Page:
I'm pregnant!

You're holding the pregnancy test in your hand and have just found out you're pregnant. Congratulations! This is the start of a long, exciting, fun, challenging and wonderful journey. It's already time to book an appointment with a midwife.

You should contact the maternity clinic as soon as you discover you're pregnant. Many expecting parents want to know as much as possible about what happens to the body during pregnancy, the baby's development, breastfeeding and how other parents experience pregnancy. Here at Libero, you can find most of the information you need as well as great special offers. Come and surf around. 

Contacting the maternity clinic
You can call your local maternity clinic at any time. The midwives will answer all your questions. If you want, you can have a pregnancy test done at the clinic. Now you need to book an appointment to register at the maternity clinic. This appointment is usually around pregnancy week 10, but it can vary depending on the protocol at your maternity clinic.

Bear in mind that you can have some light bleeding even if you are pregnant. This can be caused by hormones, or by the embryo implanting in your uterus. It is completely normal. Speak to your doctor or midwife if you are worried or in any doubt. You might be prescribed an extra ultrasound scan.  
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Pregnancy - the creation of a new human being
Most women develop one fertile egg every month, while a man can produce billions of sperm cells during the same period. Each ejaculation can contain up to 500 million sperm. One in ten of these sperm is fit enough to reach the egg and fertilise it.

The egg matures in one of the follicles in the ovaries. When the follicle bursts, the egg is released and is captured by the fallopian tube. The egg settles in the fallopian tube and waits to be fertilised. It can survive about 48 hours in this nutrient-rich environment. If the egg is not fertilised, it continues down to the uterus and is expelled through the cervix and vagina.

Fertilisation takes place when the sperm enters the egg
The sperm can remain fertile for up to five days. It takes between 30 minutes and 48 hours for a sperm to reach the egg. Around the time of ovulation, the woman's cervical mucus becomes thinner and more elastic to make it easier for the sperm to swim to the egg. There may initially be many sperm competing side by side to burrow through the protective, nutrient-rich outer layer of the egg.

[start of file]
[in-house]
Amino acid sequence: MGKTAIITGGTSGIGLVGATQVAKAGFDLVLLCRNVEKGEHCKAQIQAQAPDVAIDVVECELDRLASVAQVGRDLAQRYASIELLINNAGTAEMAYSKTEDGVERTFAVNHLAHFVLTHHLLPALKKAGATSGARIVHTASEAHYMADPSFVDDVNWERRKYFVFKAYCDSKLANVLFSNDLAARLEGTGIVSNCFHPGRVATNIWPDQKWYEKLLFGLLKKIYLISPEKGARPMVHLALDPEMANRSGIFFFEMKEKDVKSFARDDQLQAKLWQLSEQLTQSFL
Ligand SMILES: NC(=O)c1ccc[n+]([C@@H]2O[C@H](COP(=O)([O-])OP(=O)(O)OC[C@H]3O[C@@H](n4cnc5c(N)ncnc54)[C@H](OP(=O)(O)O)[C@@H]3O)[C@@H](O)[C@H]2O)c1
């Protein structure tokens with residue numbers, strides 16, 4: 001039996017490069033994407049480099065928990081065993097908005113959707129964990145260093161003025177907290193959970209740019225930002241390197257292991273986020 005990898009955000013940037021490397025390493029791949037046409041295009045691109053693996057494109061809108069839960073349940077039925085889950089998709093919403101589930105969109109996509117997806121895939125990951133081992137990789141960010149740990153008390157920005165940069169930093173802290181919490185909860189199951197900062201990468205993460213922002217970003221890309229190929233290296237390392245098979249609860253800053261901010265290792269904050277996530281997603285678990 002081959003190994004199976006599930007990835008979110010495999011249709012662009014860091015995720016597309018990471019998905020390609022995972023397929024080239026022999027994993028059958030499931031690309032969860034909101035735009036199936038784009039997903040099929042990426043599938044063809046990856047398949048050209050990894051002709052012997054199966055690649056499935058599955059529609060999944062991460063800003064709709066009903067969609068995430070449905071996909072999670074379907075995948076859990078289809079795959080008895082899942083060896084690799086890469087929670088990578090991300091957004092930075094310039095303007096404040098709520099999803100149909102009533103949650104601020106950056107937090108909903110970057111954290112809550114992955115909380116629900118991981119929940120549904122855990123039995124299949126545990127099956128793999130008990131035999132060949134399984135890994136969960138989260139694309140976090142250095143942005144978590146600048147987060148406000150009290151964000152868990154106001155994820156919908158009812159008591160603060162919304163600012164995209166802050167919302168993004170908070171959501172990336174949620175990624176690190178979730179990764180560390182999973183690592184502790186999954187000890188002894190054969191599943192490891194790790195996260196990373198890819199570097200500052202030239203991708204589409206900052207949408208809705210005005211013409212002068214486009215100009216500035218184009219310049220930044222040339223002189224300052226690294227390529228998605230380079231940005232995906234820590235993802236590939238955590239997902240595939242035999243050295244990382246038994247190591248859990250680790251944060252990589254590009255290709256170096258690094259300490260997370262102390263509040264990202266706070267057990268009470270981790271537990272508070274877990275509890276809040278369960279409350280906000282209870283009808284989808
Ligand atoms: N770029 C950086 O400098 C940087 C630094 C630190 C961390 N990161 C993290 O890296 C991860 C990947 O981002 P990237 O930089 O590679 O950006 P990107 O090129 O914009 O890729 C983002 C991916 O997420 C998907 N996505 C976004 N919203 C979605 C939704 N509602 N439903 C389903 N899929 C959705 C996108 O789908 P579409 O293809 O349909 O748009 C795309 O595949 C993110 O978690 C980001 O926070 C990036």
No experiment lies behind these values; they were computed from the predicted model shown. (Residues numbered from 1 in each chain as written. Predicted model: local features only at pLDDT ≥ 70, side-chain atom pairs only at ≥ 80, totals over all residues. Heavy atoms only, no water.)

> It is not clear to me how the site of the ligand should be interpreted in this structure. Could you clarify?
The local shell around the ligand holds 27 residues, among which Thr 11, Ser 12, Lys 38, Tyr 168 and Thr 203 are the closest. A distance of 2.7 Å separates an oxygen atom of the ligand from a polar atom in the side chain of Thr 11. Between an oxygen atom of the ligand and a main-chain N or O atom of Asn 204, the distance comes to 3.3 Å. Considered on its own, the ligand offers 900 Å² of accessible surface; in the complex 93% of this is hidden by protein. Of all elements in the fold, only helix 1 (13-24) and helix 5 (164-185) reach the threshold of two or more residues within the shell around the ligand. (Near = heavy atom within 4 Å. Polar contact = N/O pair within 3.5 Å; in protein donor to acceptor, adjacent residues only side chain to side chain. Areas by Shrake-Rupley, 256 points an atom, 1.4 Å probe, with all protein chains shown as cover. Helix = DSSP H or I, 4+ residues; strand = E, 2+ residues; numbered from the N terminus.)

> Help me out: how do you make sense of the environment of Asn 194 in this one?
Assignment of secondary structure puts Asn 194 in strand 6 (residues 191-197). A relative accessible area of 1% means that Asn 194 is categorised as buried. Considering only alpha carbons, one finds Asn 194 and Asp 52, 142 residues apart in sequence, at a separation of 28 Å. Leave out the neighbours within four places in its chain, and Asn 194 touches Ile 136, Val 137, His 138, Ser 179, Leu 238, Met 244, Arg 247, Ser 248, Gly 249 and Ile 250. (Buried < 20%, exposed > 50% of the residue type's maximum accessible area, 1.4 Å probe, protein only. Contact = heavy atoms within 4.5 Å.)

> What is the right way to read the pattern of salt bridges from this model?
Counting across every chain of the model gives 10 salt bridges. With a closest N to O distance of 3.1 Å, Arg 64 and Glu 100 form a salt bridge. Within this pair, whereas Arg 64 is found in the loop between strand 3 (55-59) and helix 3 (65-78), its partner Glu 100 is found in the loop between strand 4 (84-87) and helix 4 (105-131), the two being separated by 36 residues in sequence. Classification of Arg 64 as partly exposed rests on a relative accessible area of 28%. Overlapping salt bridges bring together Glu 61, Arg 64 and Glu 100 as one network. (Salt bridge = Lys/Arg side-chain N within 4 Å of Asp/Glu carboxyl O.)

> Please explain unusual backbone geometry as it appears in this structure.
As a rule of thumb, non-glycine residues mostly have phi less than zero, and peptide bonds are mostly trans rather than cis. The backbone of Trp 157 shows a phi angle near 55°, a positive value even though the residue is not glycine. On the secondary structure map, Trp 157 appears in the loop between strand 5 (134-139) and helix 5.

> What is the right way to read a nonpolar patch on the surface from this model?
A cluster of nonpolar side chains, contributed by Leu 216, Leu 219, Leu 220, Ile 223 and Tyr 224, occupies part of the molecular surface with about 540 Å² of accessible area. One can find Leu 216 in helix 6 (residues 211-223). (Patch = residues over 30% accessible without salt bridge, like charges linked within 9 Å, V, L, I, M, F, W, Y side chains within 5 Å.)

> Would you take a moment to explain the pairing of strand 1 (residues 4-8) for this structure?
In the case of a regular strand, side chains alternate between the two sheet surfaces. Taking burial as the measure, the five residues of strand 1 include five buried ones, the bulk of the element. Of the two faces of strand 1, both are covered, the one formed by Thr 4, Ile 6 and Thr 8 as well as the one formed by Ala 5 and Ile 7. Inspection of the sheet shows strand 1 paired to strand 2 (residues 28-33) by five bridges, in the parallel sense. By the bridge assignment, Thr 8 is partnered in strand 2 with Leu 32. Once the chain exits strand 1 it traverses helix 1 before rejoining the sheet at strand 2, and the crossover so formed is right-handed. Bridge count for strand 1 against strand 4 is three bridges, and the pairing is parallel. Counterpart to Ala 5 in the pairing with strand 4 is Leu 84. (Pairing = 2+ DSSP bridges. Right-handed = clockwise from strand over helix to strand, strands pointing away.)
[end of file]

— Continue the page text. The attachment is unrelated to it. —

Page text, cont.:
When the first sperm enters the egg, fertilisation takes place. Soon the sperm shakes off its tail. Its head quickly grows to becomes the same size as the core of the egg. Both the cores find each other and merge together into one unit. This process results in the beginning of a new life. A new person is created. Some women claim they could feel the moment the egg was fertilised...
The egg divides repeatedly
The fertilised egg remains in the outer part of the fallopian tube for several days, where it divides again and again. The egg multiplies into four cells after about 48 hours, eight cells after 72 hours and continues multiplying accordingly. On the fourth day, the egg will resemble a blackberry. At this stage, the egg is called a morula. It is the size of a pinhead and consists of 32 cells. Some of the cells have the task of developing the embryo, while others will create the placenta.

The morula absorbs liquid and soon resembles a small bubble. On the fifth day, it passes into the womb. This journey takes a few hours. There is far more room in here. The womb has developed a thick mucous membrane lining in preparation for receiving the fertilised egg, which now consists of approximately 100 cells. The process from ovulation up to this stage takes about a week.

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